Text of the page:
Now, when I ran Capes a GenCon, I took Tony's advice and set up a whole set of pregen characters, with exemplar relationships and with premise laden descriptions of their histories, and suggested to the table a tense starting scene (in this case, a anti-war protest in San Francisco in 1967).  The game was fantastic.  Certainly there was humour involved, but some very "serious" issues were also brought up; would the Thing-esque character ever experience true human contact, would the vigilante character save his brother from drug abuse, and essentially everyone explored the issue of whether the '60's were about the opening and flowering of true human love and expression, or about the devaluation and destruction of everything society held dear.  After the game, the general consensus was "Wow, that was a really fun and meaningful game!", and I think almost everyone around the table was truly invested in finding out what would happen next.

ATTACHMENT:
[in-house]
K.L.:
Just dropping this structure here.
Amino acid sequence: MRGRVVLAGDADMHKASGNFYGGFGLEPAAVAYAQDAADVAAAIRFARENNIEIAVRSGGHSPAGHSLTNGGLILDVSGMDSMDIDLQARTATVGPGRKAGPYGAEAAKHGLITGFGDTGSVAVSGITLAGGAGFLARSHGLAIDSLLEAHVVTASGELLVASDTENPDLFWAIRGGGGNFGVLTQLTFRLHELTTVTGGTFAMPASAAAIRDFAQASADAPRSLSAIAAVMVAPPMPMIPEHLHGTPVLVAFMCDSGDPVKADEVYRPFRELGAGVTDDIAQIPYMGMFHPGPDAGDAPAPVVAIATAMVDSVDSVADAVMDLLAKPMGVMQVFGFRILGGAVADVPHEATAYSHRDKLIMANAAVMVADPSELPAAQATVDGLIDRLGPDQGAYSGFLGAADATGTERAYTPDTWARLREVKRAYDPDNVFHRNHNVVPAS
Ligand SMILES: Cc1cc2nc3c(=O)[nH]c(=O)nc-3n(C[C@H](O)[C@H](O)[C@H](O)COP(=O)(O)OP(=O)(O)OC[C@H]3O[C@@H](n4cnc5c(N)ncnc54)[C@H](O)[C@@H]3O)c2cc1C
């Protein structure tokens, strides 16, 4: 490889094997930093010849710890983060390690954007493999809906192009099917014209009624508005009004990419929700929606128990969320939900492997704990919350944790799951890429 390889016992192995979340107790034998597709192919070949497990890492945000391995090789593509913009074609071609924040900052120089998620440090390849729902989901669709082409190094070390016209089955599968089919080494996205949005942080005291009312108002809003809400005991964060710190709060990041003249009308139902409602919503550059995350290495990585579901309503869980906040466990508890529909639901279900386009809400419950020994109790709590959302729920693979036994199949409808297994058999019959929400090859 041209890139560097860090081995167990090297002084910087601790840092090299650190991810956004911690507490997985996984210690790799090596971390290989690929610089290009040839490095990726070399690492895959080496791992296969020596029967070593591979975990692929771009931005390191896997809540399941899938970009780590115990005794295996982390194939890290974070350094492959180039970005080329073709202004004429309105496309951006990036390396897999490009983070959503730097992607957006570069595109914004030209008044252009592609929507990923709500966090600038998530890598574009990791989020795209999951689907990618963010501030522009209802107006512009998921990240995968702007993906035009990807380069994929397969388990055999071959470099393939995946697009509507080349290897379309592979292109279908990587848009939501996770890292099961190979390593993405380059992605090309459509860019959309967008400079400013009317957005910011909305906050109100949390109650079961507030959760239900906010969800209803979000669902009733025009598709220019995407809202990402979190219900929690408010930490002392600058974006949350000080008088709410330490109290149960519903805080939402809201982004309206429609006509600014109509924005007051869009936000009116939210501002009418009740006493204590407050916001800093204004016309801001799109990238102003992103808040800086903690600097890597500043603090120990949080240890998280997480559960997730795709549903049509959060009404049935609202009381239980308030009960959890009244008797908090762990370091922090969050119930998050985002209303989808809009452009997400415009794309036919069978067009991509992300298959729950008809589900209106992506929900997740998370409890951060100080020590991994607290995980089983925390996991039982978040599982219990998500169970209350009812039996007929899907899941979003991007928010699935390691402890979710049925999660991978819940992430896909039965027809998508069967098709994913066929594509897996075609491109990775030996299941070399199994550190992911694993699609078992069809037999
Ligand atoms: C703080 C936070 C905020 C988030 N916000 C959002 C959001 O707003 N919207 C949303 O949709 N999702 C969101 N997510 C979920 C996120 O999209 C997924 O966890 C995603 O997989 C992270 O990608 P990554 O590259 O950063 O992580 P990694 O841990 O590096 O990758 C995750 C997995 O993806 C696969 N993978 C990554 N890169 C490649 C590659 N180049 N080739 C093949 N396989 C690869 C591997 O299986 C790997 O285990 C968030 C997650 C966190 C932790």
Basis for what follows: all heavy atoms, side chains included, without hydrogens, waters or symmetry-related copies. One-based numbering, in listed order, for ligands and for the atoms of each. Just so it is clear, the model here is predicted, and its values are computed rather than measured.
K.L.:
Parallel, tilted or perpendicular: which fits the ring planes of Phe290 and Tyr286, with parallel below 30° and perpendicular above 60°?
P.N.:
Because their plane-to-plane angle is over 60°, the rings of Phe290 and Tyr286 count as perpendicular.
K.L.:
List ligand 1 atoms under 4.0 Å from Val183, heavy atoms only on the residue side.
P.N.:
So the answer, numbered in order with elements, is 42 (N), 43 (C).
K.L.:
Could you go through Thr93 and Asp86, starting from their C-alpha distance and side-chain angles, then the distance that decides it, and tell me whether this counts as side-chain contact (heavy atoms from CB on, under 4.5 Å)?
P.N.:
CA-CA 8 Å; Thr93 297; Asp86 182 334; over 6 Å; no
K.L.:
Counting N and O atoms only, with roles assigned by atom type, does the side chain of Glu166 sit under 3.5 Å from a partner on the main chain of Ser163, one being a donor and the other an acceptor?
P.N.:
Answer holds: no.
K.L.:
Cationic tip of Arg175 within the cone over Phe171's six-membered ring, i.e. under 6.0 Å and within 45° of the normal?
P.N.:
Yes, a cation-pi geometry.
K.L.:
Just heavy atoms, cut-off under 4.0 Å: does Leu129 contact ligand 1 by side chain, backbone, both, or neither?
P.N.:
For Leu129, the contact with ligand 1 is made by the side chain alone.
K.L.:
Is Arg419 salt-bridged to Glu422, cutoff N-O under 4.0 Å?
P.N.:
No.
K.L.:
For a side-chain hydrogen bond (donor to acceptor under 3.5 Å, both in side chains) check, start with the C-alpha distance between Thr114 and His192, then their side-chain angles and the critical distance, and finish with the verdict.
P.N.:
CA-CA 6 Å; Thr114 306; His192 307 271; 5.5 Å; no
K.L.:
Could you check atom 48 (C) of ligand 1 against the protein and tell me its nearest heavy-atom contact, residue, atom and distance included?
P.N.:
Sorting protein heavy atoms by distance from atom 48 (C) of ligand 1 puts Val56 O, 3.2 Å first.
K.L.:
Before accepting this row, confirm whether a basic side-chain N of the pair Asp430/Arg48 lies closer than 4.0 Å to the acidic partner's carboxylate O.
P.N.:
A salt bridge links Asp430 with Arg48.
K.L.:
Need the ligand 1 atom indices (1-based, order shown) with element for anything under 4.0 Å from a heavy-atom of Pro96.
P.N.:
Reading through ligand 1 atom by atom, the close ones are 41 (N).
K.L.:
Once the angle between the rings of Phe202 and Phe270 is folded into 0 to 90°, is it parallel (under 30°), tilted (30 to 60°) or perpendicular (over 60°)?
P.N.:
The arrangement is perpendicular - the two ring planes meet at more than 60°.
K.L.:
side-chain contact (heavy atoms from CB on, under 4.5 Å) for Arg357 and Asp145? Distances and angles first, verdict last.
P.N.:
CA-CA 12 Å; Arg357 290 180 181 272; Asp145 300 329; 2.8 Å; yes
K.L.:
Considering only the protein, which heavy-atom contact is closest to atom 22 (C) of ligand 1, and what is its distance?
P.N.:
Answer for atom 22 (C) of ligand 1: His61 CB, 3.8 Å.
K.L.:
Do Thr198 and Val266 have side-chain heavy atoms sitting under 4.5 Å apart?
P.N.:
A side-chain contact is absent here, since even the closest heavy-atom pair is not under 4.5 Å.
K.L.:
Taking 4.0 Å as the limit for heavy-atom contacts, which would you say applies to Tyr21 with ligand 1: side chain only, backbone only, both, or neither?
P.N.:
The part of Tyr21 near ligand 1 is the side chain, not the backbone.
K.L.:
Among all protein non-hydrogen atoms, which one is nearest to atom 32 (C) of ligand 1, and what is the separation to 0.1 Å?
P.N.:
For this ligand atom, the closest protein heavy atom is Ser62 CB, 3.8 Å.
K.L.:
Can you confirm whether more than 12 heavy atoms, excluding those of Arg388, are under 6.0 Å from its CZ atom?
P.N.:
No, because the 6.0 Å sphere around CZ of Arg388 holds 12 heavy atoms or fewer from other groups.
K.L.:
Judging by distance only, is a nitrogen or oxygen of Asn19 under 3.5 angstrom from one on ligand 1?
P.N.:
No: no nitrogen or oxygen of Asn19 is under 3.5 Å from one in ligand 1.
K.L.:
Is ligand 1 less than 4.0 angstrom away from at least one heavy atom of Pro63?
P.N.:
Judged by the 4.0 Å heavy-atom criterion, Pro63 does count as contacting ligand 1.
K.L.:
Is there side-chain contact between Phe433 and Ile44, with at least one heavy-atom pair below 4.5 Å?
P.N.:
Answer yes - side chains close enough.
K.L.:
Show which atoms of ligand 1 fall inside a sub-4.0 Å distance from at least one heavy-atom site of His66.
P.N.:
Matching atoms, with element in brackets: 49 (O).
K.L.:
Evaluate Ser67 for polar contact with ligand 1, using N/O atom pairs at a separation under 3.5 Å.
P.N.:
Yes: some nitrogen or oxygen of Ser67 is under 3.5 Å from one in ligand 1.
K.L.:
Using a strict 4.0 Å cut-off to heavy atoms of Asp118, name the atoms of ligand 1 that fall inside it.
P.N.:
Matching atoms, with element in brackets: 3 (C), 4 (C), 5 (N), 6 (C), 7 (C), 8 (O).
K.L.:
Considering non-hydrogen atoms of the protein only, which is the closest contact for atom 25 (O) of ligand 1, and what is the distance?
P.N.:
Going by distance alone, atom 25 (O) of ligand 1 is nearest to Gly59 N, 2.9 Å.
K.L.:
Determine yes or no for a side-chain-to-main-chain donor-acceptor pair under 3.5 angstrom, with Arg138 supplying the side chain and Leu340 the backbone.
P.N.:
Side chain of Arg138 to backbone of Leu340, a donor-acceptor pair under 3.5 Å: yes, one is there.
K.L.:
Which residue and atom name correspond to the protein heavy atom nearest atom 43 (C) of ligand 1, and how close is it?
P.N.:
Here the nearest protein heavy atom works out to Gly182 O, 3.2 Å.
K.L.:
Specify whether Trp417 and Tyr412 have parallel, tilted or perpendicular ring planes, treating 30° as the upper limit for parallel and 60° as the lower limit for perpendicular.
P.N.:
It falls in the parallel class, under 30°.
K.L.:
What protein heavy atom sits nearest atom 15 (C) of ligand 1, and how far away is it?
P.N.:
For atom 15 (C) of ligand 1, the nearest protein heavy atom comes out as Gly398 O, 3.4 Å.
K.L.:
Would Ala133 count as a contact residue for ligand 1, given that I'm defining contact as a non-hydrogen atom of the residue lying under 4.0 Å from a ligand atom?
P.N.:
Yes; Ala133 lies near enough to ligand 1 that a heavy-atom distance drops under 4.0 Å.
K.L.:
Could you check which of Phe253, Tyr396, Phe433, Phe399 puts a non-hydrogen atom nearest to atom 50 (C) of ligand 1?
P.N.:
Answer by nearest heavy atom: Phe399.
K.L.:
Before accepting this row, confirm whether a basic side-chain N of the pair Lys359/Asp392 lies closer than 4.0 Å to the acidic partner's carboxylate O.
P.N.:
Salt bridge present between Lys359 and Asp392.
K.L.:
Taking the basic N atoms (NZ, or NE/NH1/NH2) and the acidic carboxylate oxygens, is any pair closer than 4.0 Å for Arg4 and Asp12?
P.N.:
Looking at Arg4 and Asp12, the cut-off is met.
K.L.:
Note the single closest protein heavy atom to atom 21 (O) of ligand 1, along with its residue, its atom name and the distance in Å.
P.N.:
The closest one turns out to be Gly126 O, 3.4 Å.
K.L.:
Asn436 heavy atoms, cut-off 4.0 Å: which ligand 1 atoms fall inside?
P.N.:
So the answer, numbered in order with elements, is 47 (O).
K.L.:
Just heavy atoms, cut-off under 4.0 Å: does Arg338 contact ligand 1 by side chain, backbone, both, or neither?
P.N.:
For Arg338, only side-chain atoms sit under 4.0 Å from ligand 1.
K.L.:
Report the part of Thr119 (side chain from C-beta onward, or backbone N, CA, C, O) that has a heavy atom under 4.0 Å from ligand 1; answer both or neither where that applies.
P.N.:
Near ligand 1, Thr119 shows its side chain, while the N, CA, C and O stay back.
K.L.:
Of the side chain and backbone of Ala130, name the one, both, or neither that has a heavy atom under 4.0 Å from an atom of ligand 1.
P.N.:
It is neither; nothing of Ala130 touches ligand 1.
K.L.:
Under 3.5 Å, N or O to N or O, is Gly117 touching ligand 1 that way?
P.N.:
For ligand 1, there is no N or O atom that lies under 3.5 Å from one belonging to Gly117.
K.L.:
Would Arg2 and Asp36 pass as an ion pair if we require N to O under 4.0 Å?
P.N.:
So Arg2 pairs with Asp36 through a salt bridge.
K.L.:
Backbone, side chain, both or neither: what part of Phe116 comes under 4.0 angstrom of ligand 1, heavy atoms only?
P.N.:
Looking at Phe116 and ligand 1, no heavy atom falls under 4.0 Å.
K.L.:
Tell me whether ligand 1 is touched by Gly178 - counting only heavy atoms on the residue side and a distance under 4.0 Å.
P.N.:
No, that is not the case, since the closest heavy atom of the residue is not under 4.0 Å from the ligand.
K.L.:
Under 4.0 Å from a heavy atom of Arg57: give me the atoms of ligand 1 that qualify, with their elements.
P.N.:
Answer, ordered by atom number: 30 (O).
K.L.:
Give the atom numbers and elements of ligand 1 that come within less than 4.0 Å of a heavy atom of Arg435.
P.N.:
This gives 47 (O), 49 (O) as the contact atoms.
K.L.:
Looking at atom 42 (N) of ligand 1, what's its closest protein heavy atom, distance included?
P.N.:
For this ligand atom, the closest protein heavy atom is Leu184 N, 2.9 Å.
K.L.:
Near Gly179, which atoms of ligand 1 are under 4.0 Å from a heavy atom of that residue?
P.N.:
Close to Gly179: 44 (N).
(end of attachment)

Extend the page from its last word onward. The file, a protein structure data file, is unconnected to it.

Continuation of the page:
I suggest that the difference between these two experiences was the prepwork.  In the GenCon case, I didn't HAVE to be the one doing the prepwork (although it was convenient for me to have done so), but the fact that SOMEONE did it made all the difference.

My belief is that in ANY game there is a set of preparatory tasks necessary to ensure that the story goes in neat directions.  These tasks include setting up some setting in which the story will occur, making up some interesting characters that have reasons to relate to each other, and determining conflict-space in which all these things will play out.  These things have to be done, but they don't have to be done by just one person.
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James_Nostack
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Posts: 642